We Do Not Pretend Santa is Real: Let Me Explain

We Do Not Pretend Santa Is RealWe do not pretend Santa is real (read about it here), but we celebrate Christmas. We do not just celebrate it actually, we revel in it (read about it here). Some people cannot reconcile this. They seem to think that if Santa is not accepted as a living, breathing person in our home we must be a bunch of scrooges. This could not be further from the truth. Let me explain.

My family and I love Christmas. Like, love it. Our tree goes up the day after Halloween, and Hallmark’s “Countdown to Christmas” streams continually (when Pandora’s Christmas channel doesn’t waft through our home).

We attend parades, drive around looking at Christmas lights, watch movies and the classic Christmas shows, go out for fancy dinners at Holiday decked restaurants, and buy our children lots of gifts. We pack lunches for the homeless and collect food for pet shelters. We are big into the Christmas Spirit- however you define it.

Every year we sing the Santa songs and tell the tales. We just do not pretend that Santa is real. Just like we do not pretend Elsa, Elmo, Harry, or Goldilocks are real.

Some believe that we do not pretend Santa is real because we do not want our children to use their imagination. The reality is quite the opposite (read about that here).

Others think that we are part of the “War On Christmas” (honestly, if I could insert an eye roll here, I would).  Treating Santa like all of the other awesome fictional characters we love has nothing to do with a “war” of any kind.

Santa Vs. The Children

It does make me sad that so many children grow up believing that there is someone else determining whether or not they are worthy of presents. It does bother me that fellow humans believe they are being watched all the time. I wish it were not so that kids are learning that their worth is determined by someone else (who “knows” if they are naughty or nice). I do wish little hearts are not broken with the threat of coal in the stocking and Santa not coming this year.

All of this has little to do with a  fictional character though, and everything to do with a topic we discuss frequently here: childism. (Not familiar? Read about it here).

Though We Do Not Pretend Santa is Real, I am not anti- Santa

While I wish children were treated better, I am not anti-Santa. I know that not all parents who tell their kids Santa is real use it threateningly. I know there are a lot of parents who wish they had never “gotten into the Santa lie”. I know there are parents who would not give up the “Santa is Real” line for the world.

None of that is what I am talking about, though. I share my thoughts on Santa to set the record straight. When we say things like “Santa might be real. I mean, I’ve never been to the North Pole.” or “Kids are only little for such a short time- don’t rob them of their childhood!!!!!!” we sound like ignorant lunatics.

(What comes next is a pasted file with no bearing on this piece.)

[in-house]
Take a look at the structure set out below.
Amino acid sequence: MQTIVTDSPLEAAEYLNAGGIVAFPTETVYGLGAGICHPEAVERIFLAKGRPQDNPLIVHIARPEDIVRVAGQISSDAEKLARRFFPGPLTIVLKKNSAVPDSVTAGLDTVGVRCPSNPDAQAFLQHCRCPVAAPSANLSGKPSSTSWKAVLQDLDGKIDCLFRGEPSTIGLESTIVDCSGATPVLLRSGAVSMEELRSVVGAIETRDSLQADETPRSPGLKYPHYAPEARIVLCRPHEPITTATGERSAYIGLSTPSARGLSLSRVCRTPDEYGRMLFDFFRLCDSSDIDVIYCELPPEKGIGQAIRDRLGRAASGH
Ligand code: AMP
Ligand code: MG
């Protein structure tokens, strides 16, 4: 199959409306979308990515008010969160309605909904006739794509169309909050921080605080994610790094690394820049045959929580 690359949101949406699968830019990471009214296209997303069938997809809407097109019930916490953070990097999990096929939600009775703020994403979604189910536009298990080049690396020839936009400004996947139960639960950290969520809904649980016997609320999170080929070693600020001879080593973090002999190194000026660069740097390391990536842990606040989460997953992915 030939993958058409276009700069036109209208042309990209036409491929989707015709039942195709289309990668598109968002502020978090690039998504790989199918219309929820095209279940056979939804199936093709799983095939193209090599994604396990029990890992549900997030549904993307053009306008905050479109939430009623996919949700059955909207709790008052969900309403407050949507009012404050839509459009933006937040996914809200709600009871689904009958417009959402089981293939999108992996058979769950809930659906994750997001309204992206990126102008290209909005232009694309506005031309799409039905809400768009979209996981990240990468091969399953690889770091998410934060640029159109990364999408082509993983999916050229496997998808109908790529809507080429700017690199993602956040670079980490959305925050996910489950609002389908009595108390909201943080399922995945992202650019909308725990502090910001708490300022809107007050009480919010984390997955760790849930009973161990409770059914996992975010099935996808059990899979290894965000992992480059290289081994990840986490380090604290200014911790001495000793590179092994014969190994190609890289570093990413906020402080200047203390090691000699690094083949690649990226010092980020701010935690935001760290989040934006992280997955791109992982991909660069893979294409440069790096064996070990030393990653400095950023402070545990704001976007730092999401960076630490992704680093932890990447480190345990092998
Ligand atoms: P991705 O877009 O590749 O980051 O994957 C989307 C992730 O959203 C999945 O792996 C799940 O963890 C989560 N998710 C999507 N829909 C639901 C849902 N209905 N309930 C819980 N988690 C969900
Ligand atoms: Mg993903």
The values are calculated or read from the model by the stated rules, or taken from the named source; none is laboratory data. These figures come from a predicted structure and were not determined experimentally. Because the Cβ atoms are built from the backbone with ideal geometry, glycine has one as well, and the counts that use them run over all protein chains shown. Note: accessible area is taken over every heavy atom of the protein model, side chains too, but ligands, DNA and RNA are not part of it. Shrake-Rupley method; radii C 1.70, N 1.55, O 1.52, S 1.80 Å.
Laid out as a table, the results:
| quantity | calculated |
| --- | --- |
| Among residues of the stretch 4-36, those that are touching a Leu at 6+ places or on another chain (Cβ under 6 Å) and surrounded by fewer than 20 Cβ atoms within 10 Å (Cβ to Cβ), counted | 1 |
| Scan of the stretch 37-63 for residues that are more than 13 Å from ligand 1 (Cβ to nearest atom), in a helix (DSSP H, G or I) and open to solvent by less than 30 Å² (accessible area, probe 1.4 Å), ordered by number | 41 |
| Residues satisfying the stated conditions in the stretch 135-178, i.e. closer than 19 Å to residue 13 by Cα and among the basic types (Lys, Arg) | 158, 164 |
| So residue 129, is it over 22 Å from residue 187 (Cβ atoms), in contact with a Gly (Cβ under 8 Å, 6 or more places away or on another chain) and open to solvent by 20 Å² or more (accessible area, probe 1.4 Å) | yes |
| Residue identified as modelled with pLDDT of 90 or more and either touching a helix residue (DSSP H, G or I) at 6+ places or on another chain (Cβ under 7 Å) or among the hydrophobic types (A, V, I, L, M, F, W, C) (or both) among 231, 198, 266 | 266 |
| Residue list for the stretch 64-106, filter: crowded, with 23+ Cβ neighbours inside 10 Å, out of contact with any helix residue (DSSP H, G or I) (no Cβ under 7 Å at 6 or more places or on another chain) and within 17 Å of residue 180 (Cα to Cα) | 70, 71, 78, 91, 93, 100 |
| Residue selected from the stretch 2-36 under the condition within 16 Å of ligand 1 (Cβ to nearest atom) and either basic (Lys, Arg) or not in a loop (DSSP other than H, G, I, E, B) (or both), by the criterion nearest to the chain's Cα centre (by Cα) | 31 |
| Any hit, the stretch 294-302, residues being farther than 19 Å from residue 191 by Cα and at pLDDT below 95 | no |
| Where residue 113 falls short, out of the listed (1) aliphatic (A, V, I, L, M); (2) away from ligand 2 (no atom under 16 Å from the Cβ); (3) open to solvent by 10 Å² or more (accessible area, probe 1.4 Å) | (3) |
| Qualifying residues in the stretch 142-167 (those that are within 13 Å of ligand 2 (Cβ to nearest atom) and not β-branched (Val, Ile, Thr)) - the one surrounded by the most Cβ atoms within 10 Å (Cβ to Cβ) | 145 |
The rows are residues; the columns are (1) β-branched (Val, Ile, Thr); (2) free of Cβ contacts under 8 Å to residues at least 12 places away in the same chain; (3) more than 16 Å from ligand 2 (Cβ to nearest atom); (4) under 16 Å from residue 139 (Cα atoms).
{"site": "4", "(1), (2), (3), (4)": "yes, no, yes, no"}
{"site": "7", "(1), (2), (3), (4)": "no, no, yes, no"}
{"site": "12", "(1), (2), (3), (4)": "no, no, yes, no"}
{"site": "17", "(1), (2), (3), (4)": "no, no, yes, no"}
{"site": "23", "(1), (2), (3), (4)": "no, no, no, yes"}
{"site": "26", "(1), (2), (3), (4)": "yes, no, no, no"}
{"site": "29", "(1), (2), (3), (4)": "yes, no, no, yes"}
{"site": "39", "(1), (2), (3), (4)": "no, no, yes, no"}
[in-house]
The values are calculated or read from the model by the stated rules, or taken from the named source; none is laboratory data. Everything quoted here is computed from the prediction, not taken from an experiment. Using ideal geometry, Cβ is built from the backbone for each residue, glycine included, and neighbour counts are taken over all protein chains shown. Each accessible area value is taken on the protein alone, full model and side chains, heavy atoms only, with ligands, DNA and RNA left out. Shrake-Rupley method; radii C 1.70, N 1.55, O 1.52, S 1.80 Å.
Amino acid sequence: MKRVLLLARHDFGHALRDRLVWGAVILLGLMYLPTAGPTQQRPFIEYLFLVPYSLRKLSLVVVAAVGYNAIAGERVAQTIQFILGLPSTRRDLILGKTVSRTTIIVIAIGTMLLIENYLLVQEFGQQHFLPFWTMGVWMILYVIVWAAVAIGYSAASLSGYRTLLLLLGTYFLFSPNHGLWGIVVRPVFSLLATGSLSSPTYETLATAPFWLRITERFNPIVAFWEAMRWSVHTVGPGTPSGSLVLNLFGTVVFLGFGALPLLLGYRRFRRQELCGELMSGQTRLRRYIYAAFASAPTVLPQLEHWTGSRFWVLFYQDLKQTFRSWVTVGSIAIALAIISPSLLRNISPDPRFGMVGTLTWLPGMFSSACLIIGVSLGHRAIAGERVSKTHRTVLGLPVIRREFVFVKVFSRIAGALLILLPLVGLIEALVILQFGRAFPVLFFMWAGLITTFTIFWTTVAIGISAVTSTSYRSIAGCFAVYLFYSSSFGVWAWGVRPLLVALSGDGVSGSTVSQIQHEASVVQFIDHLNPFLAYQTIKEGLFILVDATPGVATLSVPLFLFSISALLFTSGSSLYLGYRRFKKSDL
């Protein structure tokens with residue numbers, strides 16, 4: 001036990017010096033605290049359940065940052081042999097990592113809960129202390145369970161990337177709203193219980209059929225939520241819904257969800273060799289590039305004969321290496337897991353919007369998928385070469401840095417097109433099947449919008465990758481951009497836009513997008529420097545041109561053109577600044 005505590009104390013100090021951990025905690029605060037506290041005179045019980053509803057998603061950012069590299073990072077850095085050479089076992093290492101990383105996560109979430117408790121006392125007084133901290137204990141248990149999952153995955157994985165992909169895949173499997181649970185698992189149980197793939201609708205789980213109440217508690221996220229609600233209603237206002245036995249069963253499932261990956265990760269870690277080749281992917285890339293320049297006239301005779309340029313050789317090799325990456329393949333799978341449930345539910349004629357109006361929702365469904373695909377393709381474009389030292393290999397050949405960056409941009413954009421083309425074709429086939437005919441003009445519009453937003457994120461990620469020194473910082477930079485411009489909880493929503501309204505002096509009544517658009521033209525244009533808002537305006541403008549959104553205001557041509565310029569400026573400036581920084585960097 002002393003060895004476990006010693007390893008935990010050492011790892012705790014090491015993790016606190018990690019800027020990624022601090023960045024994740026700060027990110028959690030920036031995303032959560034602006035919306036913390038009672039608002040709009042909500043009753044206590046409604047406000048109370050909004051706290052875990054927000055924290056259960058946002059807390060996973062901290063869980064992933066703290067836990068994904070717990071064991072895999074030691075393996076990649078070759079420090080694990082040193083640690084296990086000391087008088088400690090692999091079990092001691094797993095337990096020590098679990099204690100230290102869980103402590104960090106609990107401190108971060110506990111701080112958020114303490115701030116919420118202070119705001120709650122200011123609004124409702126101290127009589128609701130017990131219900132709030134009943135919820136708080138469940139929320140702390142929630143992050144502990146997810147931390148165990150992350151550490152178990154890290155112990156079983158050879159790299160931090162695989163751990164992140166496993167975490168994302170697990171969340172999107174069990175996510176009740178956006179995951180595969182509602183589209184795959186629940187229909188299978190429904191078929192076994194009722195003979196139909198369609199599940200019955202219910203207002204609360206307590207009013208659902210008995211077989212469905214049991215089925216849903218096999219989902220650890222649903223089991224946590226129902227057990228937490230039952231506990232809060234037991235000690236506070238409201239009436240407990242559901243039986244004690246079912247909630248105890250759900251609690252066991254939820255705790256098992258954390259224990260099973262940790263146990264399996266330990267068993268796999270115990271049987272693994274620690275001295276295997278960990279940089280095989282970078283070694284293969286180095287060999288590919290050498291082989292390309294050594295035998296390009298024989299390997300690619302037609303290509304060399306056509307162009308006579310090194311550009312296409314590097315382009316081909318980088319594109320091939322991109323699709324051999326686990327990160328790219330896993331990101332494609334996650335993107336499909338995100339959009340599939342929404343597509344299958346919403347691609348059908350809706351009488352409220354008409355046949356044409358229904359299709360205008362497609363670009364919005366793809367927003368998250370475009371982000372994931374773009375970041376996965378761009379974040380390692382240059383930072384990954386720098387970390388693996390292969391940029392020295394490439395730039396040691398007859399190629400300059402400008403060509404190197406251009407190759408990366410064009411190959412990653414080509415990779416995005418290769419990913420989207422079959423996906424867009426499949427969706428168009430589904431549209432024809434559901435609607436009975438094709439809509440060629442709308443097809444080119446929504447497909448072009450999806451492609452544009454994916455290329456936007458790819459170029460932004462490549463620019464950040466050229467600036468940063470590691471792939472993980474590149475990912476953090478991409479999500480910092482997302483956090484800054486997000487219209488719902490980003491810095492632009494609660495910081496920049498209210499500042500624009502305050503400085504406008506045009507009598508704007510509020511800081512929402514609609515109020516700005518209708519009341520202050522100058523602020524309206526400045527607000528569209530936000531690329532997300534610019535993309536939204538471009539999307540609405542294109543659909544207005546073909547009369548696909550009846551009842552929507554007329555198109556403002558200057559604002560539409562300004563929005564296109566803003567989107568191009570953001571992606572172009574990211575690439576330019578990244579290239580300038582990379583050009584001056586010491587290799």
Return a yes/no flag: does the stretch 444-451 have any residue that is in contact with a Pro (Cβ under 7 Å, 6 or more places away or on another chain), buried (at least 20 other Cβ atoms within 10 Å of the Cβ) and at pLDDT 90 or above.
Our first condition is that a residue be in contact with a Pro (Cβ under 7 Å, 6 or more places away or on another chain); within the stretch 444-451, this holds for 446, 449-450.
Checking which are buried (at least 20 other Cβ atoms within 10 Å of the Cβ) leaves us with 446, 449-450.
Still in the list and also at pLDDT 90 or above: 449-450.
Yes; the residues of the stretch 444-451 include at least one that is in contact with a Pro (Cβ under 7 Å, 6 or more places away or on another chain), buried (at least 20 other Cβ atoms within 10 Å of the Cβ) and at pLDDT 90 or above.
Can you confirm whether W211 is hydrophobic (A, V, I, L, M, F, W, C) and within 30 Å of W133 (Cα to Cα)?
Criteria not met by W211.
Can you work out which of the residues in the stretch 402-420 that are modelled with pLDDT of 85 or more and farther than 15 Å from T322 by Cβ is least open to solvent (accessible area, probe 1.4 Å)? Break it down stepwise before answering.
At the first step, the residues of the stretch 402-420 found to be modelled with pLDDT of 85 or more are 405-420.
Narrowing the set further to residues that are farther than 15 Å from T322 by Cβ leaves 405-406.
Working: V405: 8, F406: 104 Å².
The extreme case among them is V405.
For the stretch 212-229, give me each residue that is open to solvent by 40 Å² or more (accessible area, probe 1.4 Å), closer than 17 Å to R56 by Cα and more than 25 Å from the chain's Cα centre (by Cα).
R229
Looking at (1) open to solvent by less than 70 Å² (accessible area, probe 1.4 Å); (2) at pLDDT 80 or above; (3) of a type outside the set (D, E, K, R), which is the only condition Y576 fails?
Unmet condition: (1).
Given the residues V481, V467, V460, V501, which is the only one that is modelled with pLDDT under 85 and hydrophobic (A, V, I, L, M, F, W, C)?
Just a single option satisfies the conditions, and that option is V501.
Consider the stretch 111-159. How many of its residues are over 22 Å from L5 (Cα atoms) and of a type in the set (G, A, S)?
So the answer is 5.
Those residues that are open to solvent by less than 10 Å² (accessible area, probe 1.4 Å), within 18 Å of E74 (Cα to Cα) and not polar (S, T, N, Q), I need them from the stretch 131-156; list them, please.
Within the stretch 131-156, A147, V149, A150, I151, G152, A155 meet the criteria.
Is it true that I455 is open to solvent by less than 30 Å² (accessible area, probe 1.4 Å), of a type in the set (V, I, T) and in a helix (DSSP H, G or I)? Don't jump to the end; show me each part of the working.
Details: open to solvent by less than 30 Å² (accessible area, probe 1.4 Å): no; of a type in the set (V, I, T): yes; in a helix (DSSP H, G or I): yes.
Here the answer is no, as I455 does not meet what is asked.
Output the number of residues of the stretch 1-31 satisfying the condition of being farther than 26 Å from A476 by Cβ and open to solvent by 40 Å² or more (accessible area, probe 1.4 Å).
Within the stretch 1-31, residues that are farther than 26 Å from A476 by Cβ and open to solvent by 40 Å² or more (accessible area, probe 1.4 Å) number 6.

If you want to tell your child that Santa is real, who am I to oppose that? (I never have). What I do oppose is the total ignorance surrounding the fact that many, many families do not pretend Santa is real and still celebrate a magical, fantastical Christmas. Our children have huge imaginations, childhoods filled with wonder, and all the holly jolliness that comes with the season.

I hope that after reading some of these posts you can see that for many of us Santa has little to do with the magic of Christmas, and that in fact, the season can be filled with far more magic and wonder without pretending he is real.

 

 

 

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Comments

  1. This year we have spent lots of time answering our 4 year olds question about santa and easter bunny along with lots of questions about tv and book characters.
    The way we explained it was that its a fun game/story that we like to play as part of Christmas. Part of his easter present was a bunny suit and he spent months afterwards pretending to be the easter bunny and next year he wants to put out all the easter eggs for our family.
    He also knows Santa isn’t real but would like to play the game of pretend and sit on the shop Santa’s lap (which he has never done before) and have mummy and daddy put presents in his Santa sack once he is asleep (which is also helpful as he will be spending Christmas with his cousins who do believe in Santa).

  2. Thank you so much for posting these posts. My husband and I decided this year that we wouldn’t pretend that Father Christmas is real. My daughter will be 22 months this Christmas, so it seemed like the best time. I recently shared with some of my friends that we wouldn’t be pretending he is real and they did not take it well to say the least. Your posts have helped me to clarify my thought process, so that hopefully I can explain why more clearly in the future.

    • Amii-

      We experienced the same thing. People thought we were nuts when we said we were not pretending Santa was real. My son was right around the same age as your daughter when I started thinking about it, I think.

      One thing I wish I had known then (and not just about Santa) is that it does not matter if anyone understands why we make our choices. While personally I think it’s good to listen to feedback in case there is truth to something being said to us, that’s different than feeling the need to justify our choices.

      I also wish I had known how many people still celebrate Christmas without pretending Santa is real- from devout Christians to Atheists. It has been so interesting getting to learn more about this.

      Good luck on your journey- I hope you will keep checking in to let us know how it’s going 🙂

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